• Always provide complete, accurate, and truthful responses on your application for FAA medical certification. If you are receiving VA disability benefits, you should identify all condition(s) for which you receive benefits, to include conditions for which you receive a 0% rating. Furthermore, all condition(s) for which you receive benefits and for those condition(s) which have been identified as “not service connected” should be identified at the appropriate questions on the application. This means that there may be redundancy in your answers to Form 8500-8. You will need to report the condition(s) for which you receive benefits at question 18y., but also at the appropriate question corresponding to the condition itself. As referenced above, a benefit for PTSD would be identified at questions 18y. and 18m.
  • You should always be consistent with your representations to both the FAA and the VA. If you represent a condition to the FAA as though you do not have that condition or have never had the condition but receive a benefit for that condition from the VA, you could be liable for fraudulent representations to one agency or the other. While you may have a condition which has improved over time, your presentation to the FAA relative to your VA disability conditions should always be approached from a standpoint of aeromedical significance, appropriate mitigation of risk to aviation safety, and level of risk for aeromedically significant, recurrent symptoms.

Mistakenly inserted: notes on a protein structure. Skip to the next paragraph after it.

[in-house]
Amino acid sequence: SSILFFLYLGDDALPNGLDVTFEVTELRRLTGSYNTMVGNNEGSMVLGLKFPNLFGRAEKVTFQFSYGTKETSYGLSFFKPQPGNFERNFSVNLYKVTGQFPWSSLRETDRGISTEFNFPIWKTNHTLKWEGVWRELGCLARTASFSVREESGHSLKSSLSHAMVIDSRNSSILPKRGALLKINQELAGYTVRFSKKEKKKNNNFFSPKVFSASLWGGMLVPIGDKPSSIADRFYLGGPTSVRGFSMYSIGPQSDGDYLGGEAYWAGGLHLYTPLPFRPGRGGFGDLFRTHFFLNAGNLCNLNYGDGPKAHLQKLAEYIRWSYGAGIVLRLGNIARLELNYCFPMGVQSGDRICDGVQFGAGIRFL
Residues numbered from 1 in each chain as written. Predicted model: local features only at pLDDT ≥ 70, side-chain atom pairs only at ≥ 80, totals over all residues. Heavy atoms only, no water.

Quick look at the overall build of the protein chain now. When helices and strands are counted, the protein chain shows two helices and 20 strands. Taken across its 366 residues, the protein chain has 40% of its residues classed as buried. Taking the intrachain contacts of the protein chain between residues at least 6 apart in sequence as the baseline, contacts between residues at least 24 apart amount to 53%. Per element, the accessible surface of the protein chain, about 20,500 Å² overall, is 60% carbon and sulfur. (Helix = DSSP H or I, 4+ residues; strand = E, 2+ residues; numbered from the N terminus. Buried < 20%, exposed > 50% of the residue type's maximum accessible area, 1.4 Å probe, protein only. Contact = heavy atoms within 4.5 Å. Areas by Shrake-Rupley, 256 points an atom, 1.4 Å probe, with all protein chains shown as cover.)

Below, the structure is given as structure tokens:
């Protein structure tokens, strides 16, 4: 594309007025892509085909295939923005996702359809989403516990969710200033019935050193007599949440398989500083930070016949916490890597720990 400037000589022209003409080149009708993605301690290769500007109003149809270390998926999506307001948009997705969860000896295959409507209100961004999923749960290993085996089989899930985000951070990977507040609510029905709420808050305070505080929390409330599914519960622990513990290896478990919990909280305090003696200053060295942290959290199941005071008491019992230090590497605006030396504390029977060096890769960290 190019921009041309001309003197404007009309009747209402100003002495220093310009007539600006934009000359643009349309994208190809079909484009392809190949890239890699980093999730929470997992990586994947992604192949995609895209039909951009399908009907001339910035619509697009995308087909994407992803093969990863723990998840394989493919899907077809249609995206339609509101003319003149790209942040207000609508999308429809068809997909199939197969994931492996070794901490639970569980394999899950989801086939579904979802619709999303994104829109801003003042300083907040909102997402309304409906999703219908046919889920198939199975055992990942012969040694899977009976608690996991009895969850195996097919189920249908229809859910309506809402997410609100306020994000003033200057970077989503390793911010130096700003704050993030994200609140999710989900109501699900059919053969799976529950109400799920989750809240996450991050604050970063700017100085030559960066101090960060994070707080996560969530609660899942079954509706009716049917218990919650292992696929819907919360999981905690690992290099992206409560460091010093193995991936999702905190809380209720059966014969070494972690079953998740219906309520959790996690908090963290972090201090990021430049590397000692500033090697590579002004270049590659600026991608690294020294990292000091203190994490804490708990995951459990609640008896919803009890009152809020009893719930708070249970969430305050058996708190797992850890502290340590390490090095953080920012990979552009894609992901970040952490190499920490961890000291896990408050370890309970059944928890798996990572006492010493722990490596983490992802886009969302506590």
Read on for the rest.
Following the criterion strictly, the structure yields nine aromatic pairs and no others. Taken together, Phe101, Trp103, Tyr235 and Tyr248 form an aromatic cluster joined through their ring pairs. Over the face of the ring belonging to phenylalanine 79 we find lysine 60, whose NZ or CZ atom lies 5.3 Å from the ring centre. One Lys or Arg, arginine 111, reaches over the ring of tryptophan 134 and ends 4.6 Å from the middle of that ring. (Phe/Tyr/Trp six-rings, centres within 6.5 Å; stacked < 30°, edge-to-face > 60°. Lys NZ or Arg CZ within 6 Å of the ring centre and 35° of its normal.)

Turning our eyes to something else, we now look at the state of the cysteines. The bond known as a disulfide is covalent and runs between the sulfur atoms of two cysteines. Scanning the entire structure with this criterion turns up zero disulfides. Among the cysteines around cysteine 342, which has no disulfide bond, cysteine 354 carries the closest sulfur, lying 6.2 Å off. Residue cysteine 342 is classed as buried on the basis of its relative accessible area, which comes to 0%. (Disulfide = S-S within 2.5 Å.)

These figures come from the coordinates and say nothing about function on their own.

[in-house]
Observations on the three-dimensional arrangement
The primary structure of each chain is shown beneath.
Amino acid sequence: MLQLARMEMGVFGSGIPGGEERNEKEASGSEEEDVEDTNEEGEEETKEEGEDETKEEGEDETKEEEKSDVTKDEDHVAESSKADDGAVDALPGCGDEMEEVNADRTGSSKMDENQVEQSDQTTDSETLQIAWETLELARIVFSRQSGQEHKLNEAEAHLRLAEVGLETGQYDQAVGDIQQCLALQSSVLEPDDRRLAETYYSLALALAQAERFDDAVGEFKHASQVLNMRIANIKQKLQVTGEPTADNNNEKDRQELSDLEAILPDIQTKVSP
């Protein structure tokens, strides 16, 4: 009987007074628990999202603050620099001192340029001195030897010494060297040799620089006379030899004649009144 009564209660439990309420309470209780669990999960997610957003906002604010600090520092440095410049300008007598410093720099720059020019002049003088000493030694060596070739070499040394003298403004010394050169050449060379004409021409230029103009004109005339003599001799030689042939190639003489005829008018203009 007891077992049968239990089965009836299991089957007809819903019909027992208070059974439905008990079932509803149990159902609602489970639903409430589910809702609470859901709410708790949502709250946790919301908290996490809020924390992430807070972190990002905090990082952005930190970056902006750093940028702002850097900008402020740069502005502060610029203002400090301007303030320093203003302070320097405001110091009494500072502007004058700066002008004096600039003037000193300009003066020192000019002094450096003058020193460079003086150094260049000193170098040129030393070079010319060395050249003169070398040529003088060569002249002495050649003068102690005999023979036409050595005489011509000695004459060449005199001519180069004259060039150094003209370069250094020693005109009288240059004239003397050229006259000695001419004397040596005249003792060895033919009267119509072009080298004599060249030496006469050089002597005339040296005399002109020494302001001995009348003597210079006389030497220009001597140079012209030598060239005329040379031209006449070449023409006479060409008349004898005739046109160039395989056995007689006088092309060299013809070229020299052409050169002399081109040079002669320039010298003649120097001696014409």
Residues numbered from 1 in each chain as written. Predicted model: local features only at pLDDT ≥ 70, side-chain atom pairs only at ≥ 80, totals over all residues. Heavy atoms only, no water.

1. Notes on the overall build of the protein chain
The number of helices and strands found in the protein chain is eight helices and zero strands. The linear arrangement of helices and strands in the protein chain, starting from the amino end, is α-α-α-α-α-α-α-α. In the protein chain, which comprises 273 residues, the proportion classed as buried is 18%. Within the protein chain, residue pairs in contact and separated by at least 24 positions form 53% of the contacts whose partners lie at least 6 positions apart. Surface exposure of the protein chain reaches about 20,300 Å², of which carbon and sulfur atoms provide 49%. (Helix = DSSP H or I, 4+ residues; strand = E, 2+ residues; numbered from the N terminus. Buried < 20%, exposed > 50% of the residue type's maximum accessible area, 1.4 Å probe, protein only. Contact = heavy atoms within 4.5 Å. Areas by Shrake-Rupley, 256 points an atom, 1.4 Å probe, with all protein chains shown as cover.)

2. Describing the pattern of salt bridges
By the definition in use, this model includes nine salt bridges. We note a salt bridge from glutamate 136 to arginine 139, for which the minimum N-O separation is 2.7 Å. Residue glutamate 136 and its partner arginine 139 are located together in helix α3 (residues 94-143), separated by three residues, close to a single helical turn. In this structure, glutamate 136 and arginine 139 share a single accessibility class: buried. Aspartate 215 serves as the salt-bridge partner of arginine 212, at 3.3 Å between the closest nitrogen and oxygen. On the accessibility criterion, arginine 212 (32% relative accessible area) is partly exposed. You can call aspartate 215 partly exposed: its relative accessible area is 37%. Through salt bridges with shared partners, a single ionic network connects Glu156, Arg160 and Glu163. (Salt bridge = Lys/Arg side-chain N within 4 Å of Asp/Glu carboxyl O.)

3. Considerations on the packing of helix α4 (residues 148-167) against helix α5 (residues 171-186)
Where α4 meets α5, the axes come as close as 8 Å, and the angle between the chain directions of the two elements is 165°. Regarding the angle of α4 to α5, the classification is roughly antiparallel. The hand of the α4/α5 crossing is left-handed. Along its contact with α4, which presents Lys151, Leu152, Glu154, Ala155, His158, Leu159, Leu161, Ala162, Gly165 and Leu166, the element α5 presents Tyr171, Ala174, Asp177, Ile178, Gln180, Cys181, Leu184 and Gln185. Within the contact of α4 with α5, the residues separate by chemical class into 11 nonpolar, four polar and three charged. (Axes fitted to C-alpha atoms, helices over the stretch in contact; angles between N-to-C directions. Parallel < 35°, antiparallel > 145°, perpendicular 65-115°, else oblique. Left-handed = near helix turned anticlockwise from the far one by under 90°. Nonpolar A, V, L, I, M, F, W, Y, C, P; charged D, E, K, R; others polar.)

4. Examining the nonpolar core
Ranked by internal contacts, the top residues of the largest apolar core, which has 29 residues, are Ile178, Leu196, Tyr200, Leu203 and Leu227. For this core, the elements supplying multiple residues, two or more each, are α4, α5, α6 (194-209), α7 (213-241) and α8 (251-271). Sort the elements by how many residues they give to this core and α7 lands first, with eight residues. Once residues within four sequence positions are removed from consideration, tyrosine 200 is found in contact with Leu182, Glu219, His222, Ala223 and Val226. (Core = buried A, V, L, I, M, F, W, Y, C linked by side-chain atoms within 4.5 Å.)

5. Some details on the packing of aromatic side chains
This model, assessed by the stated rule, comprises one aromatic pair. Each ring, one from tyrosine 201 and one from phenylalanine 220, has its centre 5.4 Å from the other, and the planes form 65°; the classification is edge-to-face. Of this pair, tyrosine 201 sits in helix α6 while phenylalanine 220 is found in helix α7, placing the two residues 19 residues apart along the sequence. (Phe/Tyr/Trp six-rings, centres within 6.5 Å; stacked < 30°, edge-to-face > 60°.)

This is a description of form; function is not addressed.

• If you receive VA disability benefits for traumatic brain injury, PTSD or any mental health conditions, and/or obstructive sleep apnea, you are likely going to need to provide the FAA with more information regarding your status with the condition, as well as your history of symptoms and treatment. Each of these conditions have their own protocol which should be carefully evaluated and prepared prior to engaging an Aviation Medical Examiner (“AME”).
  • If you are receiving disability benefits for a CACI condition, make sure to have appropriate documentation prepared prior to your engaging an Aviation Medical Examiner.
  • If you are receiving benefits for most musculoskeletal conditions, your Aviation Medical Examiner should be able to issue your certificate, if you do not present with any aeromedically significant impairment to your flexibility, strength, range of motion, or if you have aeromedically significant levels of pain. Use of a disqualifying medication for pain will likely result in a deferral by your AME and ultimate denial of your application by the FAA.